Inducing Disease Resistance and Increased Production in Organic Heirloom Tomato Production Through Grafting
In 2005, three field trials examined the affect of grafting on heirloom tomato production in NC. Two on-farm trials utilized CRA 66 and Hawaii 7996 as resistant rootstocks for bacterial wilt (Ralstonia solanacearum). Heavy disease pressure led to >85% mortality among non-grafted and self-grafted controls. Resistant rootstock treatments showed 100% survivability and yields were significantly greater among resistant rootstock treatments. Plant growth analysis indicated that CRA 66 was superior in the field compared to Hawaii 7996. The CEFS trial in Goldsboro, NC indicated the importance of alternative training methods when utilizing hybrid rootstock for increased productivity under organic management.
The objectives of this project are three-fold:
1) An evaluation of rootstock/scion combinations will be carried out in North Carolina through field trials as well as greenhouse trials. Grafted heirloom tomatoes have been planted in the field where bacterial wilt incidence is historically high. Data will be collected pertaining to disease incidence as well as yield and fruit quality. Furthermore, production techniques will be analyzed in an effort to increase yield on a per-plant basis, thereby offsetting the added cost of using grafted transplants. The expected outcomes of this aspect are increased disease resistance in areas where bacterial wilt pressure is high and increased productivity even in the absence of disease. The practical application of this technique and its success will be evaluated and manipulated in order to cater to the success of North Carolina farmers.
2) To determine the efficacy of induced resistance mechanisms when heirloom scion are grafted onto resistant rootstocks. Many of the signaling systems that occur in tomatoes are based around hormones and other compounds that are produced in the roots. This idea may have significant impacts on the ability of specialized rootstocks to induce resistance to foliar diseases in the future. This project is an outstanding candidate for this type of research as the tomato has been used as a model for both the Systemic Acquired Resistance and Induced Systemic Resistance mechanisms. Therefore, many of the physiological mechanisms that are required for this type of inquiry have been previously characterized. We hypothesize, that by understanding how a grafted plant communicates the expression of certain genes throughout its entirety, we may be able to better identify the mechanisms which lead to resistance. This work will lead to a knowledge base to direct this technology through breeding and other cultural techniques.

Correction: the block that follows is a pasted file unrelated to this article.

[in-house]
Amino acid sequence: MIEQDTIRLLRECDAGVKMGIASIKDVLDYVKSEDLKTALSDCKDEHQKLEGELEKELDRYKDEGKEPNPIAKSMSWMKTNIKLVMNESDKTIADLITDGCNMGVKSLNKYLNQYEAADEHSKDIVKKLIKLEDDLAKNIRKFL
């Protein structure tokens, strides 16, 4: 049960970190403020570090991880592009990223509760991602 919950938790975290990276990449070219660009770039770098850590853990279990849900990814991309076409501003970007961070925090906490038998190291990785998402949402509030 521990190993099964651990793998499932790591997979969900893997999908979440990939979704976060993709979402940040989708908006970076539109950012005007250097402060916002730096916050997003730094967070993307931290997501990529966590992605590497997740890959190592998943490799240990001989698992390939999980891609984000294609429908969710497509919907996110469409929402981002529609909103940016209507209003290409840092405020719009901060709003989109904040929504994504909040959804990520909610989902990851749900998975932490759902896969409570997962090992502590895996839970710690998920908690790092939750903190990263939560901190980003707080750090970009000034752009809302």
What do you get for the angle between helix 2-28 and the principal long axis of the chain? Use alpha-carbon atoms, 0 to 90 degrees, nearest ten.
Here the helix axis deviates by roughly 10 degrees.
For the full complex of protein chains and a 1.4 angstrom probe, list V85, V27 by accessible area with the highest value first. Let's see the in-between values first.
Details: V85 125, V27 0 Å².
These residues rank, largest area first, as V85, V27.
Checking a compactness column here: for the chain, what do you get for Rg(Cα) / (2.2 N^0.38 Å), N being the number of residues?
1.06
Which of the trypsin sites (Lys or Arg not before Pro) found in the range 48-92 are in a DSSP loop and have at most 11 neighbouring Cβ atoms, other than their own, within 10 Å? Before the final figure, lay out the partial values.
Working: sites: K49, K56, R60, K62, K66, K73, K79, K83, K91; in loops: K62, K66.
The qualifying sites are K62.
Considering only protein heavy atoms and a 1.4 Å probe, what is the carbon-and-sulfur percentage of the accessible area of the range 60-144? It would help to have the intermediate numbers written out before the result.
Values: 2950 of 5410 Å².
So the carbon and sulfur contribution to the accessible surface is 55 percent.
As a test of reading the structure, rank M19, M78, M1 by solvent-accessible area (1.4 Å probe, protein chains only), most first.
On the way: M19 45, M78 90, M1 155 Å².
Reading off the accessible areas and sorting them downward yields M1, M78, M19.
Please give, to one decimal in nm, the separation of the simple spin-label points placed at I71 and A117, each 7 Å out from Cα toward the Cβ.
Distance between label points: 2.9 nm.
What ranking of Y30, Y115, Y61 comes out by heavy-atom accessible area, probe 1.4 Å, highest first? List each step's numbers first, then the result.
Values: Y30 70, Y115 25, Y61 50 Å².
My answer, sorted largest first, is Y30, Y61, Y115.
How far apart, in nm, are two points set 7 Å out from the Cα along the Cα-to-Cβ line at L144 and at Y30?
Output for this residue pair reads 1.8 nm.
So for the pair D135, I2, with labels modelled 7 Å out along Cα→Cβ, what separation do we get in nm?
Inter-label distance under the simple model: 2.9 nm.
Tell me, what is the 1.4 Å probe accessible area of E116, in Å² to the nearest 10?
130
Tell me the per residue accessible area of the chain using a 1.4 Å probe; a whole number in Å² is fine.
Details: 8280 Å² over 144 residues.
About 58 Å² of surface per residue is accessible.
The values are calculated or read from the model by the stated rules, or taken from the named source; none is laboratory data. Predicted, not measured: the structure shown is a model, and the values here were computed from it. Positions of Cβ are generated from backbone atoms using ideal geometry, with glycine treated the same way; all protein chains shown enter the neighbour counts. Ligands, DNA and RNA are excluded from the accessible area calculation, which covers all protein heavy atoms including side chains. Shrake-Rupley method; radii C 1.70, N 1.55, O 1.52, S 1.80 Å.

3) To communicate the results and ideas behind this research through extension and education. An active role will be taken in an effort to introduce farmers as well as extension agents to this technology. Demonstration plots will be used to illustrate the benefits of grafting directly. Grower workshops and training seminars will be conducted in order to show farmers how to graft their own transplants. Finally, we will construct extension publications that describe both the grafting technique and identify resistant lines suitable for rootstock. As this technology is relatively unknown in the United States, it is fundamental that the results of this research are made available through grower workshops and publications.
In 2005, a protocol was established for graft production and several field trials were carried out. Field trials indicated the importance of “systems management” as alternative training methods indicated dramatic yield increases when utilizing hybrid rootstock (Maxifort). In 2006, field trials will be repeated and expounded upon in order to determine not only how grafting can reduce soilborne disease incidence in the field, but also how these rootstocks can be taken full adavantage of in order increase crop productivity. Additionally, growth chamber studies this summer will investigate the basic physiological events that may be occuring during the grafting process.
Impacts and Contributions/Outcomes
Not only has this research led to an increase in the academic community, it has also been passed along to local growers through extension. In November 2005, a 75 minute grafting workshop was led by Cary Rivard during the Carolina Farm Stewardship Association 2005 Sustainable Agriculture Conference. Cary led a similar program at the Regional Greenhouse Workshop in Fletcher, NC. Furthermore, an extension publication has been distributed at each of these events, and is currently under review for final publication. Organic growers in NC are very excited and receptive to hear about grafting technology as it applies to heirloom production. Finally, an informational website has been posted (www4.ncsu.edu/~clrivard) regarding this research. Through this site, a number of growers, both domestic and international, have made contact to inquire about vegetable grafting.
North Carolina State University
Department of Plant Pathology
Campus Box 7616, Gardner Hall
Raleigh, NC 27695
Office Phone: 9195156689